Richie Rich Aces the SAT


A California high schooler takes the Scholastic Aptitude Test (SAT). 

The College Board released its data on 2012 SAT scores on Monday, and beneath the headlines (which tallied how much SAT scores have slipped as more and more students take the test) was a revealing picture of the influence of students’ household income on their performance.

The influence couldn’t be more decisive. The board measured household income in increments of $20,000—starting with students from households making $0 to $20,000 annually, then $20,000 to $40,000, all the way up to $160,000—then an increment of $40,000 ($160,000 to $200,000) and then a final category of more than $200,000. And SAT scores rose considerably at every step in the income scale. The poorest students, from households making less than $20,000 had a mean combined score of 1322 out of 2400; the next highest, 1397; then 1458, then 1497—all the way to a score of 1722 for students from households making more than $200,000. That’s a 400-point difference between our richest and poorest students.

These mournful numbers cast a harsh light on the practice, beloved by “educational reformers,” of measuring teacher performance chiefly, if not exclusively, by test scores. Test scores, the data make clear, reflect social class and economic standing far more than anything else. If our educational reformers were serious about raising test scores, and student aptitude, and the competence of the American workforce, they might turn their attention to alleviating poverty and lifting living standards for our downwardly mobile working and middle class. Blaming teachers for these test scores is a lot easier, of course, than reducing our record levels of economic inequality. Problem is, it does nothing to address the huge disparities in academic performance and aptitude. Unless they tackle our yawning gaps in income and wealth, our educational reformers won’t make a dent in the problems about which they profess to care. 


Actually, this is an example of omitted variable bias. Smarter tend to do better academically. They may earn more money. They pass on their genes to their children. So no surprise their children also do better academically.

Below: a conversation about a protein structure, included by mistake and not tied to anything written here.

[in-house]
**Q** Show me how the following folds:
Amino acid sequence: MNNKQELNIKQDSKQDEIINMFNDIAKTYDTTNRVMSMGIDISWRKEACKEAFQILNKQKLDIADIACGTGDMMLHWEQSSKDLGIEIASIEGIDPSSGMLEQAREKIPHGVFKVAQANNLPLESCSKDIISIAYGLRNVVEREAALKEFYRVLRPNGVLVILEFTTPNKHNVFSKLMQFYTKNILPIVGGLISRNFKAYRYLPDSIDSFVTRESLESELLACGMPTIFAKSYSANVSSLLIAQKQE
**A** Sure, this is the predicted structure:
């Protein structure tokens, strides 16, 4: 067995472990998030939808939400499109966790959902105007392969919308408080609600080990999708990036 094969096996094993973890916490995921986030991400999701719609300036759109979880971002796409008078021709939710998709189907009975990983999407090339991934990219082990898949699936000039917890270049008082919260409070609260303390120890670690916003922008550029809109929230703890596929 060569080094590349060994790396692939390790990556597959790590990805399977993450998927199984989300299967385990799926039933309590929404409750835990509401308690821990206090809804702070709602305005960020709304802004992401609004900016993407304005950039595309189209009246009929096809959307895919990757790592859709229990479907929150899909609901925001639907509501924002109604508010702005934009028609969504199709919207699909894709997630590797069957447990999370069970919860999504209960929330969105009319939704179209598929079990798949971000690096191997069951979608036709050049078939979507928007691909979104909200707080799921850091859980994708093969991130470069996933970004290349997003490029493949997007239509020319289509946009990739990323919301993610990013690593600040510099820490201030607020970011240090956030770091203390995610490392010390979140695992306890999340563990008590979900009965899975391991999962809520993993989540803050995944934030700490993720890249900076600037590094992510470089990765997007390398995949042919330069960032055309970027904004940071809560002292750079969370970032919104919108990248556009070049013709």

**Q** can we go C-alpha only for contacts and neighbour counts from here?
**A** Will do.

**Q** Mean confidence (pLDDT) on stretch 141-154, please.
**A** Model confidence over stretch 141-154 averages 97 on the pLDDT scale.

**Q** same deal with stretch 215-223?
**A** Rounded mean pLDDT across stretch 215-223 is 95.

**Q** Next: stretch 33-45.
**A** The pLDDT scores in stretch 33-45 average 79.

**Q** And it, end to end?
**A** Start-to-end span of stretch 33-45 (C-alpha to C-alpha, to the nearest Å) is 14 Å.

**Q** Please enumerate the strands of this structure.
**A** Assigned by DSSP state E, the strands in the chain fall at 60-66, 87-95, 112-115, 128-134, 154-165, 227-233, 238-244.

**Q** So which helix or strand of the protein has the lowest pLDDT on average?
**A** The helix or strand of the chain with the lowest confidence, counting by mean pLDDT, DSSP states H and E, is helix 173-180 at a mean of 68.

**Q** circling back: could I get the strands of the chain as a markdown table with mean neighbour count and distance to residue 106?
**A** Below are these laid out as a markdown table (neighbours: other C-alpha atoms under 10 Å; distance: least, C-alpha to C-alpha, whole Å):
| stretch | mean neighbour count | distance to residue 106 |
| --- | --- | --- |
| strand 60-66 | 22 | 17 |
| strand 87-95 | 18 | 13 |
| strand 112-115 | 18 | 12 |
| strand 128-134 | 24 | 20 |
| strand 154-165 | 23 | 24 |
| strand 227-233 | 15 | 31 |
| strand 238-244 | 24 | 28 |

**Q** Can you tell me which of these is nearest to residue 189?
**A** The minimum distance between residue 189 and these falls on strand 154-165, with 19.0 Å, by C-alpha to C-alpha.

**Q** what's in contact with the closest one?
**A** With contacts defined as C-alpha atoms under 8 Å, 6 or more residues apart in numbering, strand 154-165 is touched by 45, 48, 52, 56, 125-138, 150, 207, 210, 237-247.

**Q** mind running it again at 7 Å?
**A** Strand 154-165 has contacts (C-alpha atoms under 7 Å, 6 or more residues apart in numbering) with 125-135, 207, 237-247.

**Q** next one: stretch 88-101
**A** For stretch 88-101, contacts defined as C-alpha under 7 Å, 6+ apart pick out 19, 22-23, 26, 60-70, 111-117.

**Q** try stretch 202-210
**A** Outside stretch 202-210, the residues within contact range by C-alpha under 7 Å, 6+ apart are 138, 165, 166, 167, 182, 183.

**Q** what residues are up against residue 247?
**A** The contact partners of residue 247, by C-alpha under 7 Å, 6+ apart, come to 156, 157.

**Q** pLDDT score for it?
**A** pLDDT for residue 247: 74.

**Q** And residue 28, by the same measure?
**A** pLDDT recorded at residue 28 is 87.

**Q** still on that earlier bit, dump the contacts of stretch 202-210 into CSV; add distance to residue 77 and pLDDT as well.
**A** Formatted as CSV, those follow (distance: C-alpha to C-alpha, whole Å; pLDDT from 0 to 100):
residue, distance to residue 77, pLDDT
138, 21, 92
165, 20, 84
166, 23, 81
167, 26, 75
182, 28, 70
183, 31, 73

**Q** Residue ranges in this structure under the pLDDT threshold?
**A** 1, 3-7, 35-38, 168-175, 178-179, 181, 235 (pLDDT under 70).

Professor Steve Hsu, who is also involved in the BGI Cognitive Genomics Project,, posted on this issue:

"It is sometimes claimed that IQ is just a proxy for SES (Socioeconomic Status): high IQ kids are merely the beneficiaries of better home environments, and correlations between IQ and life outcomes are merely a proxy for correlations between childhood environment and outcomes. Of course, this claim does not address the significant variations in IQ within families. Does IQ have predictive power once SES is controlled for? The answer is obvious from anecdotal experience: we all know siblings who, by definition, shared the same family SES, but with different IQs and life outcomes.

Vanderbilt psychologist David Lubinski sent me a recent paper addressing this issue -- Cognitive Epidemiology: With emphasis on untangling cognitive ability and socioeconomic status, Intelligence 37 (2009) 625-633. Among the figures is the following one, based on NLSY longitudinal data (the analysis was originally done by Charles Murray). It compares life outcomes of paired siblings (one of each pair required to be in the "normal" reference range of IQ), thereby controlling for SES. As you can see, IQ has a strong impact on education, earnings and social status even after family SES is controlled for.

Similar analysis shows that the correlation between SAT scores and college grades only decreases slightly when SES is controlled for. See also related post on non-shared environmental effects.

Below is a useful SES-SAT (or SES-IQ) syllogism, well supported by the studies at the two links above.

SES does not cause SAT (weakly at most). ***
SES does not predict college success, SAT does.

Also, you still get a significant achievement gap by ethnicity.

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